Unknown Consequences May Ride On Affordable Care Act’s Roll-Out

Our cover story talks about private-label health plans in which Aetna offers large providers stake in the insurance side of the business. Aetna — and other health plans that might try this — hopes that working with the dominant local provider in an area will increase market share in places where they’re either running behind or out of the running.

I suspect this to be one of the early ripples before a tsunami of unforeseen consequences — both good and bad — of the Affordable Care Act.

A private-label health plan offers an alternative formula for competition to providers who do not want to join an accountable care organization (ACO), whether for operational or financial reasons. It comes down to this: Cost-cutting is not a growth strategy for hospitals, but becoming a plan sponsor might be a way to come to terms with the new methods of payment.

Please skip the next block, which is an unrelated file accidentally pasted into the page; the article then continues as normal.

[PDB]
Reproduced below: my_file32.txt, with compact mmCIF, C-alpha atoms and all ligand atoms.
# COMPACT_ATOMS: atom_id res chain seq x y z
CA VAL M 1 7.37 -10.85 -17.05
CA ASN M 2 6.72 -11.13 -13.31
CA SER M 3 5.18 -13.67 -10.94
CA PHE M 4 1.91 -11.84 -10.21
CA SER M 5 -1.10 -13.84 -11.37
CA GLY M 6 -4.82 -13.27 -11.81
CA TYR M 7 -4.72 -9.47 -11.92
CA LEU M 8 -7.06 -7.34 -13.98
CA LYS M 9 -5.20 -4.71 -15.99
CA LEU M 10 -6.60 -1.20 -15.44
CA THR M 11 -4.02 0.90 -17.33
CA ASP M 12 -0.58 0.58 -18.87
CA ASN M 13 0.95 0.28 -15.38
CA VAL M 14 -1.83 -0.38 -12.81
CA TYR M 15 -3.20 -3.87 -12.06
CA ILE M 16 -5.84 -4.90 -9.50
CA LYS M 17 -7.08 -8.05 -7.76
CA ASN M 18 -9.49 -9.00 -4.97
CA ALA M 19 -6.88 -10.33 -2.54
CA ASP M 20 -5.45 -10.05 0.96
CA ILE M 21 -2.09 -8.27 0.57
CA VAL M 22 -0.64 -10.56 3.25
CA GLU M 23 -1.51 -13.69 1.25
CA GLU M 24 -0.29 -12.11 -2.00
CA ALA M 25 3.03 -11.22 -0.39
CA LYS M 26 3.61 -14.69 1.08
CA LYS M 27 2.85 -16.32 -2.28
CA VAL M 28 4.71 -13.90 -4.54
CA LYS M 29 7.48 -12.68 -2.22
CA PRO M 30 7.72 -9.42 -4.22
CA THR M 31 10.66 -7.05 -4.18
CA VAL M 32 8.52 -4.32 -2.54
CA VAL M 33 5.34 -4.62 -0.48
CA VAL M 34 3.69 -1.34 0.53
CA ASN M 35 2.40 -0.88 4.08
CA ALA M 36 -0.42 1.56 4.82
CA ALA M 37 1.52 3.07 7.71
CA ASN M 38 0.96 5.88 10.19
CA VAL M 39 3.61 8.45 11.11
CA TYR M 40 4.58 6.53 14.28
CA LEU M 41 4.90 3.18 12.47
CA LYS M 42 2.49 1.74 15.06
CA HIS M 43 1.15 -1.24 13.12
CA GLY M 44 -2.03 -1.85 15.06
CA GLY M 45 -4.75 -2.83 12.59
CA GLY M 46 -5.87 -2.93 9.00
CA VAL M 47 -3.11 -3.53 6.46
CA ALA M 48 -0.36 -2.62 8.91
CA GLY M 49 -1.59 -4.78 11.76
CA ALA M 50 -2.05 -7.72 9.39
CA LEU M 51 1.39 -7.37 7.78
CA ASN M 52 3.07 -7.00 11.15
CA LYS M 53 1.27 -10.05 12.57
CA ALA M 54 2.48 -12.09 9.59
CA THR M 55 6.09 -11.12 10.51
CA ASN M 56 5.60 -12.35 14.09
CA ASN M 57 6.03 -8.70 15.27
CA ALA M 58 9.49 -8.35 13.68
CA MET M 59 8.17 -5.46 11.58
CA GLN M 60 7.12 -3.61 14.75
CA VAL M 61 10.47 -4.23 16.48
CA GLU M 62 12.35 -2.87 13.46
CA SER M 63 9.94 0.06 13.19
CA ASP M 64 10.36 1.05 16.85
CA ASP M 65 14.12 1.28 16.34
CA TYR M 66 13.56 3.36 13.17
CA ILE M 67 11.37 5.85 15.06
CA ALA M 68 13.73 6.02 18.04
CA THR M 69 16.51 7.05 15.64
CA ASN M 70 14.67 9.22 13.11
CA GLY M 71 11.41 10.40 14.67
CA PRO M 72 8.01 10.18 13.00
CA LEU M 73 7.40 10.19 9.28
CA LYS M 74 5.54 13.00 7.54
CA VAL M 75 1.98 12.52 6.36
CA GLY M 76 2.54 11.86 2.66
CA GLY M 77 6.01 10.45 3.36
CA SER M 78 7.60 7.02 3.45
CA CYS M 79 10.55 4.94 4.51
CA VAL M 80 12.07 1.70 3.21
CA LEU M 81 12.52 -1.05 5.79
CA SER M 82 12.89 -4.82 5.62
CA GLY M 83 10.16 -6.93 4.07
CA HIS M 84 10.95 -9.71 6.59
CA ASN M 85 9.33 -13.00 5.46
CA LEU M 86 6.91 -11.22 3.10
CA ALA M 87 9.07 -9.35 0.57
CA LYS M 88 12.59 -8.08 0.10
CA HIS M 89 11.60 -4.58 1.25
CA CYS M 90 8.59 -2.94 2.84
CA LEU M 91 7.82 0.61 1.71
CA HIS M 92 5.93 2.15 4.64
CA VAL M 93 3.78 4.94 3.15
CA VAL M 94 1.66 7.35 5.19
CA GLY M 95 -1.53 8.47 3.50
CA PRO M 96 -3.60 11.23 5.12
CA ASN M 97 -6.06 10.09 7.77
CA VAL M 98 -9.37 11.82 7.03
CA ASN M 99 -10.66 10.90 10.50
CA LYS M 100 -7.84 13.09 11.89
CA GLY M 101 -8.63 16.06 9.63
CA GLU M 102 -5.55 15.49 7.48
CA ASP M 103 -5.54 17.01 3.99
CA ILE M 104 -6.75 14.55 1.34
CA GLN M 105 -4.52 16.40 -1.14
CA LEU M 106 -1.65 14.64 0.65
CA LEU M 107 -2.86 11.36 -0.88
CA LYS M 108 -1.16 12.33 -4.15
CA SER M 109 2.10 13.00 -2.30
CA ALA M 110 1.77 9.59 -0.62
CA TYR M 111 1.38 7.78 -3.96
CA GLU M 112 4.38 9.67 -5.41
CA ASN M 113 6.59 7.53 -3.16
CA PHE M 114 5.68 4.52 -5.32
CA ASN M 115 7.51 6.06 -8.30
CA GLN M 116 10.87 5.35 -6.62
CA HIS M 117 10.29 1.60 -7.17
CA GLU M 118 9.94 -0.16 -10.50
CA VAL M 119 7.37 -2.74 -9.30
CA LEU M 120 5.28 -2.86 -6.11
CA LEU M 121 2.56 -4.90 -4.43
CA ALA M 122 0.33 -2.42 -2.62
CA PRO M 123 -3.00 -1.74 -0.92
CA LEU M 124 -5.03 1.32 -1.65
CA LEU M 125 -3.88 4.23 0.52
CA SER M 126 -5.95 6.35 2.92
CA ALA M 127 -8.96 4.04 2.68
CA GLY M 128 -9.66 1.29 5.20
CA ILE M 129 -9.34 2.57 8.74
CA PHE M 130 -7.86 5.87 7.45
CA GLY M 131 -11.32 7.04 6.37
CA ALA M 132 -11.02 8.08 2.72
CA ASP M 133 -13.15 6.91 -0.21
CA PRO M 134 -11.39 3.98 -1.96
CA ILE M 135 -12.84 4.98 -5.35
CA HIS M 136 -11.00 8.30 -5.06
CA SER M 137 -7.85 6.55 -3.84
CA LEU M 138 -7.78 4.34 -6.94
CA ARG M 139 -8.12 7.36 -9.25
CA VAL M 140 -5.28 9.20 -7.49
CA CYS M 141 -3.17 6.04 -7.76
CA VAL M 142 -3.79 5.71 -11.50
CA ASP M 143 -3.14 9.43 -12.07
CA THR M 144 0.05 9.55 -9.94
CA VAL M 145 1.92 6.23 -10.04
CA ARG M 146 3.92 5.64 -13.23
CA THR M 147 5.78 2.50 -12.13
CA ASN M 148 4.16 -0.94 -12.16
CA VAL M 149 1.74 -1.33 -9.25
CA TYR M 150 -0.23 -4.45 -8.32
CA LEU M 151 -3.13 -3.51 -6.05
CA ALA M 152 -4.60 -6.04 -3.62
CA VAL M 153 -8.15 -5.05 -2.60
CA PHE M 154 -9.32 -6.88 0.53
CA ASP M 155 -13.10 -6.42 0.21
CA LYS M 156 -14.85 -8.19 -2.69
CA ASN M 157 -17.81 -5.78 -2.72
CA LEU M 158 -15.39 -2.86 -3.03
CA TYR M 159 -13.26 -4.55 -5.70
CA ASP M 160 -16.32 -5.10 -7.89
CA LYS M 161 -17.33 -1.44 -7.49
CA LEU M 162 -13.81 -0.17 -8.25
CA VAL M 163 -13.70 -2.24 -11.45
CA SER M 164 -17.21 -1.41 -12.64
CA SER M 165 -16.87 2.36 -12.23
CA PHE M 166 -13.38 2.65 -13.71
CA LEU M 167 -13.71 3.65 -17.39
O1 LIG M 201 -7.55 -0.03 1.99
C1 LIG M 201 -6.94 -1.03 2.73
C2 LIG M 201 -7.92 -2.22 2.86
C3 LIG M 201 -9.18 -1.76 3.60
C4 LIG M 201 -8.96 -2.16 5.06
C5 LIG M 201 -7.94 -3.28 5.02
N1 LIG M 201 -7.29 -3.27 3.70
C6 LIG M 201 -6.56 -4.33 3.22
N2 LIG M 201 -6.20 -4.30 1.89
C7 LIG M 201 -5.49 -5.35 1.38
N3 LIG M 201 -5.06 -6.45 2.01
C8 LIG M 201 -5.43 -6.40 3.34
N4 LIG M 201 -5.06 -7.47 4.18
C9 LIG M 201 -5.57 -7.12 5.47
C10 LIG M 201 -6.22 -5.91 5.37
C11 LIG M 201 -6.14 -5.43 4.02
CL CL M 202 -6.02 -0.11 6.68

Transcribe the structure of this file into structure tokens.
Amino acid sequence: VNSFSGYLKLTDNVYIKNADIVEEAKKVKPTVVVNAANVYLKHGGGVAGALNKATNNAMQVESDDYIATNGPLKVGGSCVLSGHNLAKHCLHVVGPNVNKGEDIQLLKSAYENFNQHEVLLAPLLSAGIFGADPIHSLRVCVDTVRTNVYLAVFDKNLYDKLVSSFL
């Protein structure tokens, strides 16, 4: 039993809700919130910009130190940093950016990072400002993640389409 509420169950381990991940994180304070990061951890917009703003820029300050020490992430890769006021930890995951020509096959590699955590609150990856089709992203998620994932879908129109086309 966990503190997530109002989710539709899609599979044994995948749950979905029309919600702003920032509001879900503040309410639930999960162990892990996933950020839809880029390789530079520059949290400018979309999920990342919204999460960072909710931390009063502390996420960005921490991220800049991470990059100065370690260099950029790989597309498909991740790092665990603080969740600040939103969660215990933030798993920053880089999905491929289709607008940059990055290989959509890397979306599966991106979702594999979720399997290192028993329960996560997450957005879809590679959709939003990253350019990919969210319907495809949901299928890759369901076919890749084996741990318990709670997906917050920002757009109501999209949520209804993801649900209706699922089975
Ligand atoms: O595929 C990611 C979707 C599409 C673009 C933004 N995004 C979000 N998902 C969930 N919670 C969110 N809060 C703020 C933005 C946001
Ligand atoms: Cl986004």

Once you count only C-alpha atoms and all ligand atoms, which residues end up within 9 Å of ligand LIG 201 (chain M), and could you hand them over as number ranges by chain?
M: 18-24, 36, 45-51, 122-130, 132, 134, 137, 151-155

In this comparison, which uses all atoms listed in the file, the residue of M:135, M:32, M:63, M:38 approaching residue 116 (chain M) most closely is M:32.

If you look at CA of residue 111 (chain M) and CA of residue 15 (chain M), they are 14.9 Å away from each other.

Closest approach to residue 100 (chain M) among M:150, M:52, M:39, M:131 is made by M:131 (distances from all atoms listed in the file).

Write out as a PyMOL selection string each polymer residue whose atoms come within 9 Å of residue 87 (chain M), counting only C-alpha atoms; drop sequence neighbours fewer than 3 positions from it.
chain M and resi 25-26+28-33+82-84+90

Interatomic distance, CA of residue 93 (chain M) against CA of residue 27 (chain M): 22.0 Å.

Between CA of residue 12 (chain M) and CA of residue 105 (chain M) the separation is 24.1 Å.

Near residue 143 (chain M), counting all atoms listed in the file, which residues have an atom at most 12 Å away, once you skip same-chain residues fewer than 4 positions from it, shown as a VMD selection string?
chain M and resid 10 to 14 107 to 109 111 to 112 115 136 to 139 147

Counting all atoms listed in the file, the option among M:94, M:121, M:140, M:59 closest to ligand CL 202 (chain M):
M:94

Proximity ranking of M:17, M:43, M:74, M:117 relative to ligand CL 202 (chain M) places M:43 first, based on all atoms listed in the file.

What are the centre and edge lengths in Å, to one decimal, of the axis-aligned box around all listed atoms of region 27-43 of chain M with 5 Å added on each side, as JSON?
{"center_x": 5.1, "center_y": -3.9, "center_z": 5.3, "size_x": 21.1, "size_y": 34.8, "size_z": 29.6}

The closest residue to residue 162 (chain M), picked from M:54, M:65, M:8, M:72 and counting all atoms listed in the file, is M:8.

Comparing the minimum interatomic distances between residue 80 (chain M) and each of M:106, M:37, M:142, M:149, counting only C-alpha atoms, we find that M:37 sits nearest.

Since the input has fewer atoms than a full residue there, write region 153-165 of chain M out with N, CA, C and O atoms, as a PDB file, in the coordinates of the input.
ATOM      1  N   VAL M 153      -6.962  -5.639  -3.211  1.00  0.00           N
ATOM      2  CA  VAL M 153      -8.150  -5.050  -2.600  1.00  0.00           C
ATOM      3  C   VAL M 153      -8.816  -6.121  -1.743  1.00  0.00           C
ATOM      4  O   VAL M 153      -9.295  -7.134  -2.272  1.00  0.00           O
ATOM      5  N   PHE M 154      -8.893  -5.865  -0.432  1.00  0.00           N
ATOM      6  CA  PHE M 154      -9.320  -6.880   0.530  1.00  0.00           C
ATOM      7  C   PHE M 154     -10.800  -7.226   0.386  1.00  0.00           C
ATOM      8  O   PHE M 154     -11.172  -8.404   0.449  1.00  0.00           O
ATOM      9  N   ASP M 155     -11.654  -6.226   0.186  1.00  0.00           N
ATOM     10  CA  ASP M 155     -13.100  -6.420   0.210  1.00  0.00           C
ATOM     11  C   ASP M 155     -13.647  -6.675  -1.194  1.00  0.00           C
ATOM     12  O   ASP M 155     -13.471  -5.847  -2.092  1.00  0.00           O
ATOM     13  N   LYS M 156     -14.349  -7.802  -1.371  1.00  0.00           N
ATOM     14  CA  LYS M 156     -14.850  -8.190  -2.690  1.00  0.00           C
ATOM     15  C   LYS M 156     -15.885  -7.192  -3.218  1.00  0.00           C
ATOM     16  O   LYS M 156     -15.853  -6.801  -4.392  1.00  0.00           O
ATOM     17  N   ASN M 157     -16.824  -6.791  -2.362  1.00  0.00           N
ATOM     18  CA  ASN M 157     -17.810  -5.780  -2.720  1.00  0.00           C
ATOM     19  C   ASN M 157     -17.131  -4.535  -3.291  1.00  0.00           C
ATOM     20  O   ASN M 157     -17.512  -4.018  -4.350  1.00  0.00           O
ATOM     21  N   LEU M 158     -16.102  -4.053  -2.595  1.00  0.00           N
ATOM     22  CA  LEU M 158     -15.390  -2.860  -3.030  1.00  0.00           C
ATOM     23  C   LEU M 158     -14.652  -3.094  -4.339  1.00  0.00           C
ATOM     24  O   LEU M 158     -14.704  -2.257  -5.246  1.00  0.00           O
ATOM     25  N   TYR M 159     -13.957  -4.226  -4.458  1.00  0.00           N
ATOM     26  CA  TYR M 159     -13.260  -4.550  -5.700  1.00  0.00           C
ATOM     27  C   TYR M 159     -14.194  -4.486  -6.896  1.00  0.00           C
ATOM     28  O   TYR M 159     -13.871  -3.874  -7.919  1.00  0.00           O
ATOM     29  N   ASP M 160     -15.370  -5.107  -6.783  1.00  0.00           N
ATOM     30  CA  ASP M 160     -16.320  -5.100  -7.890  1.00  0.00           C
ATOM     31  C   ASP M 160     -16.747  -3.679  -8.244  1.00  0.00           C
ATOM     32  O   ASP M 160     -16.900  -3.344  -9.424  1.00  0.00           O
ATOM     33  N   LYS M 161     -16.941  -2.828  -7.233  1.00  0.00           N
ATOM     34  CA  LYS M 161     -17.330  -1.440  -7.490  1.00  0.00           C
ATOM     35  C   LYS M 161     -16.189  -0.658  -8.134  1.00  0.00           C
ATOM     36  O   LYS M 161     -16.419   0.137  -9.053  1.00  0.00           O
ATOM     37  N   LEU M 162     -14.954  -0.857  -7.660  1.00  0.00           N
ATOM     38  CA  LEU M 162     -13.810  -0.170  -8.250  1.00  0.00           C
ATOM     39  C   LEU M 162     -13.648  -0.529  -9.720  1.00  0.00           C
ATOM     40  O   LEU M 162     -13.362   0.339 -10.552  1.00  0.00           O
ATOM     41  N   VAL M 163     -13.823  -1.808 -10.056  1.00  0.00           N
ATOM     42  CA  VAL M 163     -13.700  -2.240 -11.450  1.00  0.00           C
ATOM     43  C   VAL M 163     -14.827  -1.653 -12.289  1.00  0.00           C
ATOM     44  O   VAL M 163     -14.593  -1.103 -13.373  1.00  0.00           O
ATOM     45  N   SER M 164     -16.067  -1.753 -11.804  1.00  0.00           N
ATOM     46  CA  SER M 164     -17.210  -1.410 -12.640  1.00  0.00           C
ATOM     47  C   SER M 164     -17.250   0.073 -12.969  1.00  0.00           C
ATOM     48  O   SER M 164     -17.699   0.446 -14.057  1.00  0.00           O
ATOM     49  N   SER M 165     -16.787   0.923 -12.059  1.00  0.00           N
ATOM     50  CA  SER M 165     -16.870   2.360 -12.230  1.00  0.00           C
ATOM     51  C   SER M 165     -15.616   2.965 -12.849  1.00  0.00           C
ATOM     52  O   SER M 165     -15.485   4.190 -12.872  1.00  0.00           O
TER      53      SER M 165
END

And some of our ideas about where to cut costs may be wrong.

A study in the Journal of the American Medical Association last month notes that trying to avoid emergency department care for the costliest Medicare patients by treating them in physicians’ offices instead won’t save as much as some experts had hoped.

Karen Joynt, MD, MPH, the lead author, tells Reuters Health, “It’s a more complicated problem than we thought.” But isn’t it always.

Answers to such vexing dilemmas might be found anywhere, maybe even across the vast Atlantic Ocean. Which brings us to our new department The Wider View. Our man in London (I always wanted to say that), Robert Royce, PhD, will report on how health care fares in the old world. Or doesn’t fare, as the case may be. Now an independent consultant, Robert has had a strong career in health care in the United Kingdom, most recently as director of strategy at Barking, Havering and Redbridge University NHS Trust in greater London.